An Analysis of the ‘Noseworthy’ Doctrine in NY Tort Law
In most personal injury actions, the injured Plaintiff is willing and able to take the witness stand and describe the circumstances surrounding her accident. But what happens when the injured party does not survive the incident, or allegedly sustains memory loss, rendering her unable to describe what happened? In such cases, the ‘Noseworthy’ doctrine applies, subjecting these plaintiffs to a lesser evidentiary burden, and affording the jury greater latitude in inferring the negligence of the defendant. See Noseworthy v. City of New York, 298 N.Y. 76, 80 N.E.2d 744 (1948).
Over several decades, the Noseworthy doctrine has grown to include a broad range of Plaintiffs. Among them are amnesiac Plaintiffs, who can obtain the doctrine's lesser burden of proof, provided that "clear and convincing evidence" supports an objective basis for their claimed memory loss. See Schecter v. Klanfer, 28 N.Y.2d 228, 269 N.E.2d 812, 321 N.Y.S.2d 99 (1971); see also Sala v. Spallone, 38 A.D.2d 860, 330 N.Y.S.2d (2d Dept. 1972). However, a a simple mistake by the Plaintiff when recalling the facts, rather than evidence of an actual brain injury, does not afford the doctrine's protections; if they are provided at trial, it is reversible error. See 2276 & Claude Williams v. Cindy Hooper, Index No. 117924/04, N.Y. Slip Op. 1683 (1st Dept. 2011)($1.8 million verdict award overturned).
The Noseworthy doctrine again made the headlines in a recent Appellate Court decision this year, Bah v. Benton, 2012 NY Slip Op 00106 (1st. Dept. 2012). The Bah case dealt with the unusual scenario where the beneficial, lesser burden of the Noseworthy doctrine was pitted against a separate, generally-accepted presumption against Plaintiffs, and the Court was required to determine how these presumptions would be properly considered. In Bah, the Plaintiff could not fully remember the circumstances of a motor vehicle accident where his vehicle, traveling in the right lane of the Bruckner Expressway, struck the back of a truck that stalled on the expressway while traveling in the left lane and was unable or neglected to steer entirely on to the right shoulder. The impact caused devastating injuries to the Plaintiff, putting him in a coma and causing post-traumatic amnesia, thus clearly qualifying him for protection under Noseworthy.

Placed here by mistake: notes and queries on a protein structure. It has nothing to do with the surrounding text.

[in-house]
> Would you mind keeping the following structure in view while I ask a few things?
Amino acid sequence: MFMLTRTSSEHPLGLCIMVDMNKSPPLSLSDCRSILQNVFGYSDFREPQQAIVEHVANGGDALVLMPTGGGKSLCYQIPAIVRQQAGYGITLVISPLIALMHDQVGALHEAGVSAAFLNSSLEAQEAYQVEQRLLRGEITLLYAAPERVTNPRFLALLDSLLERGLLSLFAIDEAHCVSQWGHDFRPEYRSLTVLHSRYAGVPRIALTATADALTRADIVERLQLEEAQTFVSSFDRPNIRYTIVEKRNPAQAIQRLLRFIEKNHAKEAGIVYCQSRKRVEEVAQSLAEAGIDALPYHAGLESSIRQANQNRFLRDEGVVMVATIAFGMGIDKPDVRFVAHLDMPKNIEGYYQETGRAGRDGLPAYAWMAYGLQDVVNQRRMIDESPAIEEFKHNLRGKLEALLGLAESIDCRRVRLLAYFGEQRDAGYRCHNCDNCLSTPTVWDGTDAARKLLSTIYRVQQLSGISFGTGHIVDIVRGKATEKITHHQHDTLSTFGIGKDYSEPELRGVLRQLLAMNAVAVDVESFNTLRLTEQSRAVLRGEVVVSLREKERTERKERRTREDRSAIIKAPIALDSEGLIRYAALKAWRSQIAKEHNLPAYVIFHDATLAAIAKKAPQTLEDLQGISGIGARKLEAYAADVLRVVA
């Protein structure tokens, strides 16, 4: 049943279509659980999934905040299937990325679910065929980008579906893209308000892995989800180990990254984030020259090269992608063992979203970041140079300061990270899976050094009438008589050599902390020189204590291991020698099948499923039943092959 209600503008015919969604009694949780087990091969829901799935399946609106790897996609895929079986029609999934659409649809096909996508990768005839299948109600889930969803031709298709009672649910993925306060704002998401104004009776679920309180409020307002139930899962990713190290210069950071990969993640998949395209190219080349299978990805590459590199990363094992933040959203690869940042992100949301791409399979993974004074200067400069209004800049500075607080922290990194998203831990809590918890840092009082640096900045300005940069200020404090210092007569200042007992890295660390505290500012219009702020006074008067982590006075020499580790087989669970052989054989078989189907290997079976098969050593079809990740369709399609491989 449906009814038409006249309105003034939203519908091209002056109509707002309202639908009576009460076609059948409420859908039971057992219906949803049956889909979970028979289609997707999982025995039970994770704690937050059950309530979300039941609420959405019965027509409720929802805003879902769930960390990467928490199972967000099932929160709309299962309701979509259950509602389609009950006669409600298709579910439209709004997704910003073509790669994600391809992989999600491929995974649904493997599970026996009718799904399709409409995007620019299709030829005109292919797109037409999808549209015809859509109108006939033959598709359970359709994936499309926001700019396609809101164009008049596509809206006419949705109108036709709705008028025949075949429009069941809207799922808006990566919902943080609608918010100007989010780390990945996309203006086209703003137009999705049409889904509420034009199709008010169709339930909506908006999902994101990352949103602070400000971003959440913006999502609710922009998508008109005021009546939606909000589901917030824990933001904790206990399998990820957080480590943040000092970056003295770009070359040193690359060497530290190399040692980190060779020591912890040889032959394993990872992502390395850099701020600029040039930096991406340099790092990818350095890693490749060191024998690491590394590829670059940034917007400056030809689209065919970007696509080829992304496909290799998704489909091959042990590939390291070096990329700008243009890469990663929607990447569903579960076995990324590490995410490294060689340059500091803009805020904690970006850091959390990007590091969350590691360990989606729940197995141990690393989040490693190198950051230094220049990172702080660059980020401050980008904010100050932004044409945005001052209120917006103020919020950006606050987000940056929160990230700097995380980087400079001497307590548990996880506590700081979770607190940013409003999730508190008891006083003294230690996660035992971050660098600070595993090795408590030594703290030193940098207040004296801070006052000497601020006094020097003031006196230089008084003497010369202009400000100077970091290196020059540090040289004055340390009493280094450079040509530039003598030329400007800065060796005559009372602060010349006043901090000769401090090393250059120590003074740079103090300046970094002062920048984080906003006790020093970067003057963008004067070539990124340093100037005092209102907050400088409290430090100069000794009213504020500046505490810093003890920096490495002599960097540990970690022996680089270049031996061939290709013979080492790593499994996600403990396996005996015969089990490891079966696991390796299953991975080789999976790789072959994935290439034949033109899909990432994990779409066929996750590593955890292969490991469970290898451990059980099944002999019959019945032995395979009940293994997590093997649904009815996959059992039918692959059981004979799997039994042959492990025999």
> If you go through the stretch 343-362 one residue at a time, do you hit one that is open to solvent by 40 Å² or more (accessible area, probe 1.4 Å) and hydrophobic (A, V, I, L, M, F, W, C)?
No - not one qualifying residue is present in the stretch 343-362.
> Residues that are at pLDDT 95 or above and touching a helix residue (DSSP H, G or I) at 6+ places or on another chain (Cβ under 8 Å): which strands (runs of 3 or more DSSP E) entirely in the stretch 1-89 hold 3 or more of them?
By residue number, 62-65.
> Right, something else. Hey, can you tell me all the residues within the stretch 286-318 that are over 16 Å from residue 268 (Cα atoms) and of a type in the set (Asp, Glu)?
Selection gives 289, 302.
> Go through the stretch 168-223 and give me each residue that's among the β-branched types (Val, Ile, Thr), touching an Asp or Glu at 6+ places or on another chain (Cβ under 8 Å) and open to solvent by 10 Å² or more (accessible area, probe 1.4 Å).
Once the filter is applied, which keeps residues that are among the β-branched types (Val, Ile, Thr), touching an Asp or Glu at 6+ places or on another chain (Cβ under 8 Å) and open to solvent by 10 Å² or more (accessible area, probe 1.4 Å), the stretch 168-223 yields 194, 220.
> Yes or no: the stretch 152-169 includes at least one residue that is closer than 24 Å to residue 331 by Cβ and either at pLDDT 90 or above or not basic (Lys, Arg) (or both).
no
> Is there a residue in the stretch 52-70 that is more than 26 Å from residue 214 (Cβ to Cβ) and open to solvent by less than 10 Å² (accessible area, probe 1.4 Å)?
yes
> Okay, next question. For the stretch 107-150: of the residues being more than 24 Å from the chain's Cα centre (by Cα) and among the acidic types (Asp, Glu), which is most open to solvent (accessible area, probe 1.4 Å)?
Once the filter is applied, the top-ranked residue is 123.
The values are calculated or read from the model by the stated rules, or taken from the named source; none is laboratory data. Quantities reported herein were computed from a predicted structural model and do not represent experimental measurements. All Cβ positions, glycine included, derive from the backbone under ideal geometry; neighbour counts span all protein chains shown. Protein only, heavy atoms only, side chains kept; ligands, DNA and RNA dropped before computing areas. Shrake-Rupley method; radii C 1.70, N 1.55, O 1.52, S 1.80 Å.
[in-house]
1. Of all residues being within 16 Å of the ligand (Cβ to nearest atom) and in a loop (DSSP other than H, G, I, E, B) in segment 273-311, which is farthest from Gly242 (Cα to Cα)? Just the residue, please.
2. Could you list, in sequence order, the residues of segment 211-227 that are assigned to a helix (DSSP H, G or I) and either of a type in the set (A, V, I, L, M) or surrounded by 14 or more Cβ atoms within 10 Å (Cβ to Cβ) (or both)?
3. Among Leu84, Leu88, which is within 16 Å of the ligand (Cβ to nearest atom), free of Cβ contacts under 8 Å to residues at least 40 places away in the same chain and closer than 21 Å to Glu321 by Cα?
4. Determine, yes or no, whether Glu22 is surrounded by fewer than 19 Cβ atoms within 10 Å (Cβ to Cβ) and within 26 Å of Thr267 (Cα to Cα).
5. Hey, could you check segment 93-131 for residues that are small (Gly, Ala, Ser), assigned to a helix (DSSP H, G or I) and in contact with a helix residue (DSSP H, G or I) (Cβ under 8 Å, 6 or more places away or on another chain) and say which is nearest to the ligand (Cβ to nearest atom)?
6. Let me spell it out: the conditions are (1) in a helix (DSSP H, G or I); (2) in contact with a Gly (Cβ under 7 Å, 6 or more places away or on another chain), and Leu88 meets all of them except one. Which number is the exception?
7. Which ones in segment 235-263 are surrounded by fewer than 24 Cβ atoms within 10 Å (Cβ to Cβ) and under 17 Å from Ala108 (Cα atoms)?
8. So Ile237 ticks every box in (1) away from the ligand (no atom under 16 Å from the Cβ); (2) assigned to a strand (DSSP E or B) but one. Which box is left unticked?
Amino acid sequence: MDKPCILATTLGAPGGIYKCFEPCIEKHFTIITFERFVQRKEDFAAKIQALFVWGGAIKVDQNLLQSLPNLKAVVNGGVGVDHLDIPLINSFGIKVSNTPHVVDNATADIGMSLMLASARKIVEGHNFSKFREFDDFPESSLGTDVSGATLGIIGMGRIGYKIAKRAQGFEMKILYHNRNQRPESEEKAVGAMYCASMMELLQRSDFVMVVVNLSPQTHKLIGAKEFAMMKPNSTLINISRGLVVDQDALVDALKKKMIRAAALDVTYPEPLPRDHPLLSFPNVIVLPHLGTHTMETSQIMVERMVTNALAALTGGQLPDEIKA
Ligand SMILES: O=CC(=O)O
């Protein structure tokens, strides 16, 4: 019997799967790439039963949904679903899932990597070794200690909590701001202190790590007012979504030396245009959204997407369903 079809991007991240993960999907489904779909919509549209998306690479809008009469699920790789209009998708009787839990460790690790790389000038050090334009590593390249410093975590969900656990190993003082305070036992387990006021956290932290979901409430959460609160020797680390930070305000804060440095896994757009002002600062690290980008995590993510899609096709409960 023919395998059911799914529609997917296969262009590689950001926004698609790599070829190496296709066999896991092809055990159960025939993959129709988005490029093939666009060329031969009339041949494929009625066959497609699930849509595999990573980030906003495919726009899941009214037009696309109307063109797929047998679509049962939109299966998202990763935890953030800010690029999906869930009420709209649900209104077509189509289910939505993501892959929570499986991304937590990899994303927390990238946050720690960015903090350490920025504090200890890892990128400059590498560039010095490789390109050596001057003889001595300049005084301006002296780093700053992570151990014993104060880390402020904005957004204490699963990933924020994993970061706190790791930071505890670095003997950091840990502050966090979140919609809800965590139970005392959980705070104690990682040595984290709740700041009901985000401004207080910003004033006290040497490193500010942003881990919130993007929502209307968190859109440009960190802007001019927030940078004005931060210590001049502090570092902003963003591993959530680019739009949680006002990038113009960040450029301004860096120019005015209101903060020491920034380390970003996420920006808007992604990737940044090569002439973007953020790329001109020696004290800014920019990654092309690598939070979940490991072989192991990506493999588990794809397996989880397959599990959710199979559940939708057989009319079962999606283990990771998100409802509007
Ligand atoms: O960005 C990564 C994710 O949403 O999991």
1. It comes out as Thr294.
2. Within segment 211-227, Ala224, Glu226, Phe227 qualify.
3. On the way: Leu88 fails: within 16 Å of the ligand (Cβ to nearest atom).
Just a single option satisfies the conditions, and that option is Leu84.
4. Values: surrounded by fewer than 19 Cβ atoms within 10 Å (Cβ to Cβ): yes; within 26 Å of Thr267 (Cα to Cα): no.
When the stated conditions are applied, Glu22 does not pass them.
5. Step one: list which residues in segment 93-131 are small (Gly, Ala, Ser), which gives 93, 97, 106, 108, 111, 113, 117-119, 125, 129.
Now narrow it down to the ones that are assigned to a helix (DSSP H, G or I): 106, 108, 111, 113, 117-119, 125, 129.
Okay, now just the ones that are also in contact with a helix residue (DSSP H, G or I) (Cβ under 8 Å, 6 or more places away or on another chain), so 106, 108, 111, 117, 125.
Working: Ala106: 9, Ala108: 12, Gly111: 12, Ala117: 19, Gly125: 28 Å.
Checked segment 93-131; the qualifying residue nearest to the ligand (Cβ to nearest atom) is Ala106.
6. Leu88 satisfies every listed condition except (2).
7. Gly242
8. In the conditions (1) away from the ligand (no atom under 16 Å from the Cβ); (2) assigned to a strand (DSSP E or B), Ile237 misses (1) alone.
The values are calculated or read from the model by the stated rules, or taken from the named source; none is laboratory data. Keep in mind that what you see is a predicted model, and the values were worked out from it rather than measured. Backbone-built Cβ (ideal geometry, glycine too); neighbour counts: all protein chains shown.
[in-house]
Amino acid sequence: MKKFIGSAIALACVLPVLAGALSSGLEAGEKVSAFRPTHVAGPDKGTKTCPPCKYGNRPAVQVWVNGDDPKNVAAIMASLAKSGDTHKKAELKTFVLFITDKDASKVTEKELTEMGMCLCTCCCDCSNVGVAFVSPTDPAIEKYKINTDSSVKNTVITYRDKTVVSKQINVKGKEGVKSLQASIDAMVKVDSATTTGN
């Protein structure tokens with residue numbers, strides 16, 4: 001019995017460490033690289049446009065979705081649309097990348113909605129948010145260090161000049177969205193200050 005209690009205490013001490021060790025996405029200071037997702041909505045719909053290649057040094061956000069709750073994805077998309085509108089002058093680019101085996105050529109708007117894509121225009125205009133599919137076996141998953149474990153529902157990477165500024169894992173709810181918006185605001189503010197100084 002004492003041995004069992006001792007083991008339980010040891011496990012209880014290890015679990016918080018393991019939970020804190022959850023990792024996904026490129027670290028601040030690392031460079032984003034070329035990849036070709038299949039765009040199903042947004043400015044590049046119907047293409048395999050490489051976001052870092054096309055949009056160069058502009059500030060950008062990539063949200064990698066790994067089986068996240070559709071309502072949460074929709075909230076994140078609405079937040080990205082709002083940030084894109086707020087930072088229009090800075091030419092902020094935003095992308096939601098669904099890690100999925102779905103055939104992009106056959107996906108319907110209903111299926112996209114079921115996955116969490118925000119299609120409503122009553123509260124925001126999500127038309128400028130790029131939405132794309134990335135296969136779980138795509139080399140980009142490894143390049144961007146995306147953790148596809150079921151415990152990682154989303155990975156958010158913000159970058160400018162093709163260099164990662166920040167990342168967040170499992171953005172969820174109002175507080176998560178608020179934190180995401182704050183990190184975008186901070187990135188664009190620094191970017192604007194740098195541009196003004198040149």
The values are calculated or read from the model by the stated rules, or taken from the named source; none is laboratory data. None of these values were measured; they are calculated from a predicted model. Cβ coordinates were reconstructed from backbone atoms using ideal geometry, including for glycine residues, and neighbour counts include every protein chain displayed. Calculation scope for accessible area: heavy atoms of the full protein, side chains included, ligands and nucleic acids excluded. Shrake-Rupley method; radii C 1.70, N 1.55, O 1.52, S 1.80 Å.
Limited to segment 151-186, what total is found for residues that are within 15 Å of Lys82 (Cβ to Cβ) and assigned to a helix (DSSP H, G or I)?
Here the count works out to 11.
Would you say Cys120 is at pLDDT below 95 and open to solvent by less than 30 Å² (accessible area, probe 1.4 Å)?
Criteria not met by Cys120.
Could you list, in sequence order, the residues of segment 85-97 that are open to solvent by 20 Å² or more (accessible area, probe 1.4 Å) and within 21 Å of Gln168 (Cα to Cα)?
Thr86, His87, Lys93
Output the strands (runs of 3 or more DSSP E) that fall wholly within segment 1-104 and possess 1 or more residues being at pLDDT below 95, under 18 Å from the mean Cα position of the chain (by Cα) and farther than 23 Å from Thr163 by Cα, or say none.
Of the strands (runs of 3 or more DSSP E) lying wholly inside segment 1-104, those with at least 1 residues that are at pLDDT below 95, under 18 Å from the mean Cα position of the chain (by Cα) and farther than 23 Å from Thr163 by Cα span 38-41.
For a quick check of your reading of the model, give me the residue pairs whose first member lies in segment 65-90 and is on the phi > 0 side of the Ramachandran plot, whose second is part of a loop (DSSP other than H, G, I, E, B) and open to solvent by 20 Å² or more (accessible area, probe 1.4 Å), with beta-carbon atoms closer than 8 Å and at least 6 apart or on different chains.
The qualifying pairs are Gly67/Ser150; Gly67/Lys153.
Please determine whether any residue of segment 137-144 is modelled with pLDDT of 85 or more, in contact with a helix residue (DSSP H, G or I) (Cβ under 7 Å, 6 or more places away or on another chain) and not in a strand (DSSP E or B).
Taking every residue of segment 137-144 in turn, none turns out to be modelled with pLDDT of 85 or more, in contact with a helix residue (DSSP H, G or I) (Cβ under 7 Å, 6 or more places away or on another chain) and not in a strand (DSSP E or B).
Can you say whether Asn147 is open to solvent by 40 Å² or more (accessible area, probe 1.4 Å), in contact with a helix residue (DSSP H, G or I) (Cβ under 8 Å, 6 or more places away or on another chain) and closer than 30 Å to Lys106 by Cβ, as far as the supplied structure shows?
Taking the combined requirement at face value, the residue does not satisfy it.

While the defendants acknowledged that the Plaintiff should be held to a lesser standard of proof because he did not recall the accident and could not testify to his version of the facts, they nonetheless argued that, under the general presumption regarding rear-end collisions (that the party who strikes a vehicle clearly visible in front of it is negligent), Mr. Bah should be presumed negligent anyway. The Appellate Division, First Department, disagreed. Justice Sallie Manzanet-Daniels acknowledged the separate presumption against the Plaintiff, but explained that if the Plaintiff could provide evidence of the defendants' negligence, he could overcome such a presumption. The Plaintiff did that "amply," Judge Manzanet-Daniels explained, with proof that the truck driver would have had enough momentum to get to the right shoulder, but apparently failed to do so, and that flares and warning triangles were not properly deployed. Accordingly, the case was allowed to proceed.